As we await the launch of Motley Fool Global Gains, our new international-investing service, we are taking a look back at some of our best international stock ideas. This article was originally published on June 16, 2006.

The developed countries of Japan, South Korea, and Singapore offer plenty of opportunities. The beauty of writing about developed Asia right now is that a number of markets have taken an absolute thrashing. In Japan, the world's second-largest economy, the market fell about 20% from its peak this summer. American Depositary Receipts of many Japanese companies trade in the U.S., giving investors numerous opportunities to participate in Japan's continued recovery.

I pay some attention to companies in Japan, and for the first time in months, companies such as Honda (NYSE:HMC), Matsushita Electric Industrial (NYSE:MC) (better known as Panasonic), and Orix (NYSE:IX) are beginning to look attractive. If you have access to, and feel comfortable with, sponsored ADRs on the Pink Sheets, companies such as Secom, Toto, Fast Retailing, and Shiseido are all looking much more attractive as well. In addition, it's always possible to stay with New York Stock Exchange- and Nasdaq-listed ADRs and consider a South Korean company such as Motley Fool Income Investor selection Posco (NYSE:PKX), which is also 12% off its highs, and whose dividend yields are about 3%.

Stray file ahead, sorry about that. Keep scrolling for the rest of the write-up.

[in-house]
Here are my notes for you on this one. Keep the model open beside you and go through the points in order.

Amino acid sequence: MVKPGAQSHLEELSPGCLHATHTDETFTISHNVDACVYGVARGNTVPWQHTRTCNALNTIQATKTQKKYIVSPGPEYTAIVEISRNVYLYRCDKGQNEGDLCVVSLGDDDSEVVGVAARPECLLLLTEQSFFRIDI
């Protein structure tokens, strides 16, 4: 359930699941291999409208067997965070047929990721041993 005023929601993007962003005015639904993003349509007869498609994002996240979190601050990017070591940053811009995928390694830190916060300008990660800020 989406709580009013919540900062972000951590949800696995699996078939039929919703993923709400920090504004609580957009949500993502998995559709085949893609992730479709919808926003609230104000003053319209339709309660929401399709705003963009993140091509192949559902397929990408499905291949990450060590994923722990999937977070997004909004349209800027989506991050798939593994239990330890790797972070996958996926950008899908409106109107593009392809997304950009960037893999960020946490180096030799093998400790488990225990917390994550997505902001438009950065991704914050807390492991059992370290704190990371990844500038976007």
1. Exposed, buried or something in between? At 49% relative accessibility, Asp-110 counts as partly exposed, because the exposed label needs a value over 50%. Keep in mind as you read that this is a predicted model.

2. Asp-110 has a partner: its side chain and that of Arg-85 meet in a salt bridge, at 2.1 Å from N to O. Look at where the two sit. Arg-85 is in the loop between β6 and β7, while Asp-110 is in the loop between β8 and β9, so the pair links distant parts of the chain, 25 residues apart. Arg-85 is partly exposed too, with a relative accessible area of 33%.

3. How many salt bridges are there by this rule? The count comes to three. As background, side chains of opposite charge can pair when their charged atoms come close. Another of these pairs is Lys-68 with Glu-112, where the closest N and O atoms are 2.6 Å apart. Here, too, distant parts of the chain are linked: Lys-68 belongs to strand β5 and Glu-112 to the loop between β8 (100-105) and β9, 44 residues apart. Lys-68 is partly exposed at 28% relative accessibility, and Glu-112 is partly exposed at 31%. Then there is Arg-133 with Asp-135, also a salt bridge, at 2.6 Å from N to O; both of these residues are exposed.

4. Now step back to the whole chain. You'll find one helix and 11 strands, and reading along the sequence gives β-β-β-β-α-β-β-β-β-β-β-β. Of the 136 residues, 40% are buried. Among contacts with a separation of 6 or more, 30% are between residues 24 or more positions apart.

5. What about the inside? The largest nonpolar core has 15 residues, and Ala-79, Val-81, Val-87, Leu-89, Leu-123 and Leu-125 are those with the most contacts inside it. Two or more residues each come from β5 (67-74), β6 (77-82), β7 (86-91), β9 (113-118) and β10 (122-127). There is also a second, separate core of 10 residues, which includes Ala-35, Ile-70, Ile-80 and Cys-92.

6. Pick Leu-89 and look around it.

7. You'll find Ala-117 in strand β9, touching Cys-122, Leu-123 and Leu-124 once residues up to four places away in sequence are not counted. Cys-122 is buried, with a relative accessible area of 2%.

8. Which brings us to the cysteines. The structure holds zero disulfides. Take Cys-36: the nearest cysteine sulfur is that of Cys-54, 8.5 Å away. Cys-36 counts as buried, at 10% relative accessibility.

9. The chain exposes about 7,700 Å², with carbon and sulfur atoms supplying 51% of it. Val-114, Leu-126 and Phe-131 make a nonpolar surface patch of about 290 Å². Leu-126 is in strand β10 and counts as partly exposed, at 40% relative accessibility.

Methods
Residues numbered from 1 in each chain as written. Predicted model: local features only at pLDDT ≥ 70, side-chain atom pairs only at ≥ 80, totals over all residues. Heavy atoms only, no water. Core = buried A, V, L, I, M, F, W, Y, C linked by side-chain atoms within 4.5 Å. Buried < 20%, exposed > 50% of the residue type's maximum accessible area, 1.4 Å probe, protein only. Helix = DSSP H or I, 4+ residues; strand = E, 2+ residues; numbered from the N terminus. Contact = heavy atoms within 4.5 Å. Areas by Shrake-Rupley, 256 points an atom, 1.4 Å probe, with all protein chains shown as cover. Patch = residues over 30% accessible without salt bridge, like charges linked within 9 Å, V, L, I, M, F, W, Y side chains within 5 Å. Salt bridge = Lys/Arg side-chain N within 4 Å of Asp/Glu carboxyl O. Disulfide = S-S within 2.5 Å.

Valuation, not potential, matters
That's where I think we see a difference between developed Asia and Southeast Asia and India. Some companies in developed Asia have already grown from nothing into global powers. Companies in Southeast Asia and India must now do so in the shadow of these already powerful firms. Having spent some time traveling in Asia, I can tell you that when you go to the pharmacy to pick up personal-care items, you'll find not only the usual wares from Procter & Gamble (NYSE:PG), but also Thai-manufactured goods from Kao, a Japanese company.

There are additional examples of other Japanese companies expanding into Southeast Asia and China to increase their reach and lower their manufacturing costs as well. It just goes to show that the best way to invest in the future of Southeast Asia might not be to invest in Southeast Asian companies at all -- unless the valuation is right.

Foolish final minute
Yes, the developed countries of Asia are filled with many well-known and well-followed names, but that doesn't mean there aren't plenty of bargains to be had. There's a lot from the media about high-growth areas such as China, India, and the rapidly expanding countries in Southeast Asia, but when I look at how strong the balance sheets have become at many Japanese companies, I can't help thinking that some of the best opportunities in all of Asia will come out of Japan in the next five to 10 years.

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Fool sector head Joey Khattab updated this article, which was written by Nate Parmelee. Joey does not own any shares of the companies mentioned. The Fool has a disclosure policy.